Bill Cosby wrote:
Your entire argument is weak. We're basically being ask to take you word for it when you say the books are cooked.
Let's take the month of February for example. The fed reported inflation using PPI (Producer Price Index), a measure of wholesale prices that at its “core,” which reportedly strips out the volatile food and energy costs, showed a benign growth of 0.2 percent.
Headline numbers, which include the things we eat and drink and power our car with, showed an ugly 1.6 percent increase. But, of course, we’re not supposed to look at “headline” inflation, just the core numbers because they represent more constant cost patterns. But one index after another showed stunning surges, none more so than the gain in finished consumer foods. Those prices jumped 3.9 percent in February, the biggest gain in 37 years, going all the way back to the Nixon administration. Fresh and dry vegetables soared 48.7 percent in just one month.
Crude energy materials rose 0.9 percent in February and were up 17.8 percent over the past three months. The natural gas index jumped 7.6 percent in the month and intermediate energy goods rose 4.3 percent, the largest one-month gain since January 2010.
An added little gov't obfuscation when it comes to energy: The PPI measures prices at a fixed date just before the mid-point of the month, which in the case of February would have been before the huge run in oil that sent crude prices over $100 a barrel and gas at the pump to $3.50 a gallon.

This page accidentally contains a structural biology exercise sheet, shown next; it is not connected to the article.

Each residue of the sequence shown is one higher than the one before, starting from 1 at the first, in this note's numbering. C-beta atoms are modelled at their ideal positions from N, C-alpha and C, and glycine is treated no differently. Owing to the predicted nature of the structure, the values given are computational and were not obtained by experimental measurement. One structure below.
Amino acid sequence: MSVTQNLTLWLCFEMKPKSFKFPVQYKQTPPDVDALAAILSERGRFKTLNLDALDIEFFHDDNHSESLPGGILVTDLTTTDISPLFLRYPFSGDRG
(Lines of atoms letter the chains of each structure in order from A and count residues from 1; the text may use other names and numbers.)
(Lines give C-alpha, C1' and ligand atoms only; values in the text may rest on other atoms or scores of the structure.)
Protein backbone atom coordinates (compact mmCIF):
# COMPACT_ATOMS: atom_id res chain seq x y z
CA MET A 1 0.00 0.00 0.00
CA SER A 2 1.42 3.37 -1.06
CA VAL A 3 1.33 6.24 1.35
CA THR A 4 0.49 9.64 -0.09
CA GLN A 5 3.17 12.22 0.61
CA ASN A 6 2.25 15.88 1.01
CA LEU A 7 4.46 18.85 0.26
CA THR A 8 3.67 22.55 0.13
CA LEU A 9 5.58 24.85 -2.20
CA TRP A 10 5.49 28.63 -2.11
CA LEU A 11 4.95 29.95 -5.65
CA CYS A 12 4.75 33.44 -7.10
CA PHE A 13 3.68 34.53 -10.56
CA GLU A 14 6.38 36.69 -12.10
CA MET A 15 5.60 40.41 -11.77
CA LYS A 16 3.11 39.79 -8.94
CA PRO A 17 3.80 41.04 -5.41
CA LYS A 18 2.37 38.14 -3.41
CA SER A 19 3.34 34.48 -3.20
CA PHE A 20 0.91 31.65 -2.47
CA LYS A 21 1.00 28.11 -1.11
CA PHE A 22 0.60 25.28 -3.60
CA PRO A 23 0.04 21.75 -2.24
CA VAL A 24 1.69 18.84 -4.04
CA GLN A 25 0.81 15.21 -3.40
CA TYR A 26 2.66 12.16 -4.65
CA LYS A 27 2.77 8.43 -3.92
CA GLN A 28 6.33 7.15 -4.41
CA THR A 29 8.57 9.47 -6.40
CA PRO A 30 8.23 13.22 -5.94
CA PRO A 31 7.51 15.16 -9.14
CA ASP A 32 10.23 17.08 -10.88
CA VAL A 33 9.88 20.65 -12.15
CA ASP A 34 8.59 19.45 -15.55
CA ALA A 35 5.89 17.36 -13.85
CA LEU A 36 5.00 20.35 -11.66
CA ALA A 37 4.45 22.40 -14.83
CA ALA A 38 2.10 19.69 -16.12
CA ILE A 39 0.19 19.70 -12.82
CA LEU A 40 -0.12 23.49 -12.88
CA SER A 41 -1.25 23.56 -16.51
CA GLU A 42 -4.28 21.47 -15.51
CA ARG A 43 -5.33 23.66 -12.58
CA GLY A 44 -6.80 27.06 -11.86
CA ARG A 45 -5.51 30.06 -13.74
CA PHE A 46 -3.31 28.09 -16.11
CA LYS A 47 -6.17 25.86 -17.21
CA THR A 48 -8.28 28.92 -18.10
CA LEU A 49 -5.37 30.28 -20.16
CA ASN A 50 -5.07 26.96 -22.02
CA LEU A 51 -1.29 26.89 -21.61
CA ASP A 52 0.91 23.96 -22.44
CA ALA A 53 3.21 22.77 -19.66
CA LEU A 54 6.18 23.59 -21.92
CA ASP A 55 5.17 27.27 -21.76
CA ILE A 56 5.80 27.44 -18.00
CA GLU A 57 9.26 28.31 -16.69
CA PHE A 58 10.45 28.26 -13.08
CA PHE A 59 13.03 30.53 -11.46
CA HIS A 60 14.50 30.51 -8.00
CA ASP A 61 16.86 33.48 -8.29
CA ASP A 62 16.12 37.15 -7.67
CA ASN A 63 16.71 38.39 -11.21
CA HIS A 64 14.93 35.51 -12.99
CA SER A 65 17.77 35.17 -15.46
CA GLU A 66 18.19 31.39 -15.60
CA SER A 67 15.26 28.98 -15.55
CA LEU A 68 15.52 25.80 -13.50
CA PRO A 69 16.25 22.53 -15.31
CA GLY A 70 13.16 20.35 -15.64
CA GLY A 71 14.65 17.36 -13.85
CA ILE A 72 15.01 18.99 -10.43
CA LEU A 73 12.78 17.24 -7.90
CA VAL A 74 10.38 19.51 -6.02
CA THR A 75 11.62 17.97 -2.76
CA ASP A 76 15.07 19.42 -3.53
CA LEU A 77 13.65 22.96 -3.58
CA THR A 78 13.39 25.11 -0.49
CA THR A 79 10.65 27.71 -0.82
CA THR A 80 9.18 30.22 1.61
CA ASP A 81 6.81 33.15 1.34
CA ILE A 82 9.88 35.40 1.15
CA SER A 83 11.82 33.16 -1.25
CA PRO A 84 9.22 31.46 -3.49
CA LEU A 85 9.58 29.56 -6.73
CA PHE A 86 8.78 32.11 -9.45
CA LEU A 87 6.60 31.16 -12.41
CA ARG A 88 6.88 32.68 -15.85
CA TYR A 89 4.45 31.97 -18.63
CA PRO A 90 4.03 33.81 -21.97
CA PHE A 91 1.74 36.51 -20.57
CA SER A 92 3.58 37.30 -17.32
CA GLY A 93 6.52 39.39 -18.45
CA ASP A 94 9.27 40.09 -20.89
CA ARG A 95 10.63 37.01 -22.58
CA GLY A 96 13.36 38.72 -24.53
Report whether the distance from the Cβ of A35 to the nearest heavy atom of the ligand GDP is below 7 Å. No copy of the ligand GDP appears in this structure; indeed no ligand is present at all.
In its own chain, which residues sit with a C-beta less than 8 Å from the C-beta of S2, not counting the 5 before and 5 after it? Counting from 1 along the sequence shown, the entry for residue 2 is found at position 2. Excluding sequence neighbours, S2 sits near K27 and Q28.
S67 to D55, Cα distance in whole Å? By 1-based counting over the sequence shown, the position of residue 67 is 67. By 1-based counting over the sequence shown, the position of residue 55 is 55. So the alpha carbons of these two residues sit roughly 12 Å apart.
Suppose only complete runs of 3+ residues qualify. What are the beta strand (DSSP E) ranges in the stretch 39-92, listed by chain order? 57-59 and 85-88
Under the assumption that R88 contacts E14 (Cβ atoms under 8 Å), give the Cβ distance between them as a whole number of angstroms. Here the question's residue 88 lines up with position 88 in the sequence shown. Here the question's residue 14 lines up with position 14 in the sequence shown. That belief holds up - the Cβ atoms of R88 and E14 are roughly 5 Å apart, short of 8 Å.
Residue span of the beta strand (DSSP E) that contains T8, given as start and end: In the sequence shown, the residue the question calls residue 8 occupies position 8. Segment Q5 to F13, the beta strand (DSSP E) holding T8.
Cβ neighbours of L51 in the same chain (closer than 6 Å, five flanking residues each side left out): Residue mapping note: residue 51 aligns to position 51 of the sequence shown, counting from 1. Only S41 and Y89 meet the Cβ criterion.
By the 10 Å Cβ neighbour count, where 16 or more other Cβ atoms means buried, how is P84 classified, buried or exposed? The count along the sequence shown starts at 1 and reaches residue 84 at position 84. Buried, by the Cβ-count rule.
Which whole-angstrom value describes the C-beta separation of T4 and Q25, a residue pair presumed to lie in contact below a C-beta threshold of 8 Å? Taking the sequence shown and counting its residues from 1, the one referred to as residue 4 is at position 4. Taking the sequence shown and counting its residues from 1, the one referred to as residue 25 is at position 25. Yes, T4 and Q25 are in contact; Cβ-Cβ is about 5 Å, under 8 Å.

But the gov't only wants to use "core" inflation in its statistics.
rayiner wrote:Again, the word "recession" implies shrinking GDP. We can be in a huge hole relative to 2007 (and we are, no doubt about that) and still not be in a recession.
No, it doesn't. There are numerous definitions of recession from numerous organizations. Some base it on the base year.
If this is the case, then since our economy has yet to recover to 2008 levels, we are still in recession and there was never a recovery.
THANK YOU. Exactly what I was saying before. The people who write the rules on what a recovery is and then insiting we are in one is as honest as the ABA writing the rules for employment reporting and then schools boasting 99% employment. It's a farce.
Just because the gov't spoon fed you one definition, that happens to be neatly included in your USA-indoctrination books I mean textbooks, doesn't mean it's the best or only definition. I think the gov'ts definitions are arbitrary and misleading. Just look at the economic indicators, to call this a recovery doesn't mean it's a recovery, it means we have a very playful and amusing definition of recovery.